The discount will depend on the level of payments that the settlor expects to receive. It will also depend on factors such as the settlor’s age and state of health. The longer the life expectancy, the more payments an individual is likely to receive, so the discount is likely to be larger.
The remainder – the lump sum less the amount of the discount is treated as a gift by the settlor. As this is a gift by the settlor to the trust, it is a chargeable lifetime transfer if a discretionary trust is used. However, providing this element falls within the available nil rate band (£325,000 less any chargeable transfers in the seven years before the DGT is set up) there is no immediate IHT consequences.
If the remainder value is in excess of the available nil rate band, there will be an immediate IHT charge at a rate of 20% of the amount above the nil rate band.
The value of the trust fund is not included within the estate of the beneficiaries.

IHT – on death

If the settlor dies within seven years of setting up the trust, the immediate tax charge will be recalculated using the full IHT tax rate of 40%.

IHT – exit charges

When money is paid out of the trust to the beneficiaries, either while the settlor is alive or after their death, there may be an exit charge. Where there is an exit charge, the maximum rate that will apply is currently 6%.

The regular payments made to the settlor are not subject to any exit charge.

Income Tax

Any income tax liability will depend on the investment product chosen.

Anyone thinking of using the DGT, must seek and rely on the advice of a suitable investment adviser and a suitable trust and tax practitioner.

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The results are in. And despite polls indicating that the UK would remain in the EU, the Leave campaign was ultimately successful in securing an exit vote.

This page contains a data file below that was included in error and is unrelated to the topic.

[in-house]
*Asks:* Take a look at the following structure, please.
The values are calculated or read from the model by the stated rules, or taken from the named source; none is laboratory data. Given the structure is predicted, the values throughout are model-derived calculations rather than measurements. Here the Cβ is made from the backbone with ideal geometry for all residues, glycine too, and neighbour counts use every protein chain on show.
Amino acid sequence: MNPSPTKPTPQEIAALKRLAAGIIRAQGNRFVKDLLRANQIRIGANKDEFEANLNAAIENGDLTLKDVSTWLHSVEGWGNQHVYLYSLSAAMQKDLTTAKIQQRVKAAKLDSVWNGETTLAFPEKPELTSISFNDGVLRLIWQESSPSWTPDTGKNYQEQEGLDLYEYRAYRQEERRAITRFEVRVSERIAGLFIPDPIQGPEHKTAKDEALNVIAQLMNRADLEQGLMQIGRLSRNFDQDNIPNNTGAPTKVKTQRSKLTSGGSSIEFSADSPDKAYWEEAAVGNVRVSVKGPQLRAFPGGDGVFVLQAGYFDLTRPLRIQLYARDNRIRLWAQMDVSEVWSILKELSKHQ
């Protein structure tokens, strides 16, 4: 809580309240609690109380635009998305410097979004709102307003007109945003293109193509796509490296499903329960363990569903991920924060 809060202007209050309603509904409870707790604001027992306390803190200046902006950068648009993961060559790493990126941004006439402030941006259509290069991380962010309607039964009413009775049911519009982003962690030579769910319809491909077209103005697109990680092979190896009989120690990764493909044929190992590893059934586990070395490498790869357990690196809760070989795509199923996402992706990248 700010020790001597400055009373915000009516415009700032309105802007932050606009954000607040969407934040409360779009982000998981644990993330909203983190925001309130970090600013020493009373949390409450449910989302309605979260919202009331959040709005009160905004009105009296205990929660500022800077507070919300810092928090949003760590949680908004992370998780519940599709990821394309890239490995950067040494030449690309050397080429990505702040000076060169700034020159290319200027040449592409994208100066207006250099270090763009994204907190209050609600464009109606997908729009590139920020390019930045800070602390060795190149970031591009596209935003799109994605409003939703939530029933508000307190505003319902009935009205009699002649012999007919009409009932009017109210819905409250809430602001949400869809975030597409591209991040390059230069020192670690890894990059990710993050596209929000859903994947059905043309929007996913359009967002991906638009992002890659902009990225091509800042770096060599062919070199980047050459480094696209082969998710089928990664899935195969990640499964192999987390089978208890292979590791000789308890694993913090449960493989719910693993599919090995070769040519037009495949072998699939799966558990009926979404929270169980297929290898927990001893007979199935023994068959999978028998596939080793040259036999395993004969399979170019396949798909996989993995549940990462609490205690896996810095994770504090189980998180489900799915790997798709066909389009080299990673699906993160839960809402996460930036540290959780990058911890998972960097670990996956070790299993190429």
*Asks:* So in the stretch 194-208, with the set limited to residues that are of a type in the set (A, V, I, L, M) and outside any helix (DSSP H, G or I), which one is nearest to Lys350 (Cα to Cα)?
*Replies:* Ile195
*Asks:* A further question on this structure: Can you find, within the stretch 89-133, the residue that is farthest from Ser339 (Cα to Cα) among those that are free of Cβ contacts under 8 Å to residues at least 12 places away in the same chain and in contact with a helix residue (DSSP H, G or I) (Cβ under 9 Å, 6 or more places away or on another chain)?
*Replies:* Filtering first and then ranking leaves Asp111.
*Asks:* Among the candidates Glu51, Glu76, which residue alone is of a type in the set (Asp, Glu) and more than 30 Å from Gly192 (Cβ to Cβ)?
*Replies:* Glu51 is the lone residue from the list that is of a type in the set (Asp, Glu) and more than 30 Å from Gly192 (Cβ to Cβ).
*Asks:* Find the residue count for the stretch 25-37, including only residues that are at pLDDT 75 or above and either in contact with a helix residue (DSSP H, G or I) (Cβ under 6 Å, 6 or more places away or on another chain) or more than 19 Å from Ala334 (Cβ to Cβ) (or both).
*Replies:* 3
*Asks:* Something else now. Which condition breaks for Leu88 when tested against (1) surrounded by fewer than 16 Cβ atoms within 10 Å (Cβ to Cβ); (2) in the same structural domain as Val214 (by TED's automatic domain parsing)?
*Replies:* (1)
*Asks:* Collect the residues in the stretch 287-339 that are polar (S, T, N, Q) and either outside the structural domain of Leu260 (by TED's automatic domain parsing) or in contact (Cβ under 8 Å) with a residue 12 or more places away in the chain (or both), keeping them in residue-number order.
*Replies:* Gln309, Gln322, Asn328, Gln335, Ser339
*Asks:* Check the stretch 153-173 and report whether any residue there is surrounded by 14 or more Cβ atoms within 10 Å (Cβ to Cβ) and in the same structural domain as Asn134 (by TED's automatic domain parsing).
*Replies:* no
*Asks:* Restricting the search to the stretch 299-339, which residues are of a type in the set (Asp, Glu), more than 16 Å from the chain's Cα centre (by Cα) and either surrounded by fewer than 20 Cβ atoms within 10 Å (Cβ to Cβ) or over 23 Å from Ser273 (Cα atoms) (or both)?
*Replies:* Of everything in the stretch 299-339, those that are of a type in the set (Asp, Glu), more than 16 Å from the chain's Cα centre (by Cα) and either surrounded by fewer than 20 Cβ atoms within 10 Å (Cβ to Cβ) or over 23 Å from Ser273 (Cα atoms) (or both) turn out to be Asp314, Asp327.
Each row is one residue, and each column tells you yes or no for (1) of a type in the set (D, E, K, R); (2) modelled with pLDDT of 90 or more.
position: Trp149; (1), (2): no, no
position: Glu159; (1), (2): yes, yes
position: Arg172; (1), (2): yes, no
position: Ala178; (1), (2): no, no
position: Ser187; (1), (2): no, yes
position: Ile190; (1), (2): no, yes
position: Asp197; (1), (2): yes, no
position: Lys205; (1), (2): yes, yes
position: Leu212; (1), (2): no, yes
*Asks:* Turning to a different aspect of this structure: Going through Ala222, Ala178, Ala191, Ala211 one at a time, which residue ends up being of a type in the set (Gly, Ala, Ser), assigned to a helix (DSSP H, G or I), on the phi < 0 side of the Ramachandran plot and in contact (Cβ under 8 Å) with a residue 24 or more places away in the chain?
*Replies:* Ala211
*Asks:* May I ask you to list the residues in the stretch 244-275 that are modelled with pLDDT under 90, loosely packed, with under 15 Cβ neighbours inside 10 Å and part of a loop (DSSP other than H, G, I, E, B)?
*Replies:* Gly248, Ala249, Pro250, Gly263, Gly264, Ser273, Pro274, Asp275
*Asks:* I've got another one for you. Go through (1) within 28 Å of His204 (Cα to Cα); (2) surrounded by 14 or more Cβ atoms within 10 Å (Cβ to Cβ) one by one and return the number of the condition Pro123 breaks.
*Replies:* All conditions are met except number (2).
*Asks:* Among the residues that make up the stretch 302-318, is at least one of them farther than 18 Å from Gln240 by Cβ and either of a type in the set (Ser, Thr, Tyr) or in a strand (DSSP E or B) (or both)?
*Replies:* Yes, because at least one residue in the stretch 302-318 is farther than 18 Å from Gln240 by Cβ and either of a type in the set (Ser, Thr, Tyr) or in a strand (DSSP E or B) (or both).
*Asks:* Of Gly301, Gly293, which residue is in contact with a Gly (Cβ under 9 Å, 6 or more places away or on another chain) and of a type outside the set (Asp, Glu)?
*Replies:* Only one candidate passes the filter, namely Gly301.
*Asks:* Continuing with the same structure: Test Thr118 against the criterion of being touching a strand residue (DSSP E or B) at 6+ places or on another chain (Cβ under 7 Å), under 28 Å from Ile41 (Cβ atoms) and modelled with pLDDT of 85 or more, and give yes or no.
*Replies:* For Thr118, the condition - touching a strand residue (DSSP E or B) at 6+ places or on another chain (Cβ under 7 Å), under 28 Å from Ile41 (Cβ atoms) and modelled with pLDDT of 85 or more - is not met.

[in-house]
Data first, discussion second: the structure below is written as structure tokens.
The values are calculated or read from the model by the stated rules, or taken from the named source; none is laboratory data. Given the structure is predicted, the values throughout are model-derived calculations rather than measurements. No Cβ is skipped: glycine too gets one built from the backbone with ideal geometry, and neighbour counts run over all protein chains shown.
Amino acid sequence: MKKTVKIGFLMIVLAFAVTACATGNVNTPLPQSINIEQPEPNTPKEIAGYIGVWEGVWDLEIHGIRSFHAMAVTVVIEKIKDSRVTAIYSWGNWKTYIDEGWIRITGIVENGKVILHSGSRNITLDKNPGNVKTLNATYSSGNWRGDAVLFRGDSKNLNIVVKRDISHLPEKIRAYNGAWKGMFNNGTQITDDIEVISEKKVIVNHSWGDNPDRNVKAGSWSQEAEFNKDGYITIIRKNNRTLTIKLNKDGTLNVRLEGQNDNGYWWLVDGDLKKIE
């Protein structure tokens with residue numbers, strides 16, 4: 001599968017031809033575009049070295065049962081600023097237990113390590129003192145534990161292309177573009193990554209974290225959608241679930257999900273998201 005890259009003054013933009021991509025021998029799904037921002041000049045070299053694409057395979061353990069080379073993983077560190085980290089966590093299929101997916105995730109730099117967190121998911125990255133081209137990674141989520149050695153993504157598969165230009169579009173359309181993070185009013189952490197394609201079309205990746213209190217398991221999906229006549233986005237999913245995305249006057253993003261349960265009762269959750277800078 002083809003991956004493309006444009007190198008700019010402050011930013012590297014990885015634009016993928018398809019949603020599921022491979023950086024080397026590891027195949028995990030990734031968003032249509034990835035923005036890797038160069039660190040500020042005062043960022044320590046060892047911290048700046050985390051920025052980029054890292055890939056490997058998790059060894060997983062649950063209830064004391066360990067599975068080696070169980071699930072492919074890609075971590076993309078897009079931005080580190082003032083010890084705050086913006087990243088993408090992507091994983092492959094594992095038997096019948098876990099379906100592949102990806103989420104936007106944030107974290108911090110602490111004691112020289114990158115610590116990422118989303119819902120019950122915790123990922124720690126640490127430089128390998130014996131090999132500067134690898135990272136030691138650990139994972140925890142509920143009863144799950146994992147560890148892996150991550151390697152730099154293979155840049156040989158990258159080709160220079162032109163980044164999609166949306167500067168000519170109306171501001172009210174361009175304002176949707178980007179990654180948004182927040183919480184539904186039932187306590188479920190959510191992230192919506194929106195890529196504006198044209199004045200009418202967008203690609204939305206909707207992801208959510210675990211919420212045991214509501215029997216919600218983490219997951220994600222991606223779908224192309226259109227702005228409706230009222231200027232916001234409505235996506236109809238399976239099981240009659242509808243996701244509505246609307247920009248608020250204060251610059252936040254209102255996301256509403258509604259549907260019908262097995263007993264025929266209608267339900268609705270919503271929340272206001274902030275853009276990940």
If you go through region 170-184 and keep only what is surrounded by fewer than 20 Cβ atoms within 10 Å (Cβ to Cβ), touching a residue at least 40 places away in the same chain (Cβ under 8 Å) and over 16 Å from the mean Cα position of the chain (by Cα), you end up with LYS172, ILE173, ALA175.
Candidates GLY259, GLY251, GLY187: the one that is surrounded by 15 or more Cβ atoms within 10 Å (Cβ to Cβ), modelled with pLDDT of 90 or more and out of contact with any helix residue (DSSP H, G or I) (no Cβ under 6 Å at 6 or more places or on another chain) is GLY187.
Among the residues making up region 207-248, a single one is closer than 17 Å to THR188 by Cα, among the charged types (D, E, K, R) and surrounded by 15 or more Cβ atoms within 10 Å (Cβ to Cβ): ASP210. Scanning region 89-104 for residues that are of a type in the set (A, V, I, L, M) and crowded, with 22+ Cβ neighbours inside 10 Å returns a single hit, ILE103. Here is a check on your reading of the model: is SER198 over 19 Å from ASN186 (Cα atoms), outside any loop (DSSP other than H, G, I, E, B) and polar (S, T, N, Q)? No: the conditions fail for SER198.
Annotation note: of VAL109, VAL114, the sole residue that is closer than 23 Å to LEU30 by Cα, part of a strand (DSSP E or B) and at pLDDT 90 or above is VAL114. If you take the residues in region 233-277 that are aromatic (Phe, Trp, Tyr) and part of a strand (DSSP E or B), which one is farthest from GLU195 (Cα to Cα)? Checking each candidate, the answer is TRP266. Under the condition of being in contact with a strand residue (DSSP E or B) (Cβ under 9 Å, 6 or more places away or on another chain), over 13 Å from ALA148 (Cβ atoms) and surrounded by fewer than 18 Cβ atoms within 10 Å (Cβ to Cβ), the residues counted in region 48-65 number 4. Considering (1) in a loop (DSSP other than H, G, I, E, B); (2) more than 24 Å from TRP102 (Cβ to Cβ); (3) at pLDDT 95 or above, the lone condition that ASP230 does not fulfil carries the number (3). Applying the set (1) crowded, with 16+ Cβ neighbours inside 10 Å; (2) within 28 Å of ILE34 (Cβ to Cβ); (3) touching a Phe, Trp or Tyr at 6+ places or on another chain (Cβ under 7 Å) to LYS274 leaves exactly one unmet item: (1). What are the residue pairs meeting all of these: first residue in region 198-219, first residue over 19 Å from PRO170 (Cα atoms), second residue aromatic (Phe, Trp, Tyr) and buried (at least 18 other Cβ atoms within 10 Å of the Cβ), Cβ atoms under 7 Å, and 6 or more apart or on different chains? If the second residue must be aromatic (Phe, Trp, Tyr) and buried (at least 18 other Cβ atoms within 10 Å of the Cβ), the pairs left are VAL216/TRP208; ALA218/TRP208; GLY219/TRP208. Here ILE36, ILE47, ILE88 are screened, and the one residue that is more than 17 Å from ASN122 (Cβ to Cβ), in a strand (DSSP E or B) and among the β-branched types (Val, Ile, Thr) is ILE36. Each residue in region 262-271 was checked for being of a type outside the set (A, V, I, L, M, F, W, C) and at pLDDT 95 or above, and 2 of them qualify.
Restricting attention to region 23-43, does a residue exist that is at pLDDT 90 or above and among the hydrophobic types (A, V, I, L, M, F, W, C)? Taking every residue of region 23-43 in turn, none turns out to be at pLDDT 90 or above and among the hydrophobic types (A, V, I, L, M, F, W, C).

The initial impact has been significant, with both the resignation of David Cameron as Prime Minister and the tumbling of the pound to 30-year lows. But leaving short-term turbulence to one side, what will Exit mean for the UK and for our tax system in particular?

In truth, at this stage it is simply not possible to say with any certainty, though we broadly know the options:-

If we wish to continue with full access to the EU’s internal market the UK will remain subject to much of the EU’s regulations and laws as price for entry, as is the case with Norway and Switzerland. Once in place, this would likely result in little practical or economic change for the UK – essentially “Brexit lite”. While the UK remains subject to the laws of the EU many of the advantages that this affords from a tax planning perspective – such as the availability of anti-discrimination arguments against transfer of assets abroad rules, reliance on the freedom of movement of capital, and other matters – could well remain available to advisers.
The alternative would be for the UK to accept that access to EU markets will be restricted, in exchange for less EU law and regulation – the implications of which are much harder to determine. This is in many respects much more of a gamble, but given the Leave campaign’s heavy focused on migration, adherence to the principle of free movement of people is likely to be highly controversial. If the UK were simply to “opt out” entirely, this would result in much more radical change, and much of the tax planning making use of EU jurisdictions could face significant challenge in the future.
Only the negotiation process will determine which side will win out. All we can say for certain at this stage is that the UK will be exiting the EU, the process itself is likely to take a number of years and the resulting implications are yet to be decided.

We – like many others – will continue to monitor the position with great interest, and will update you further as developments arise.

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February 16 2017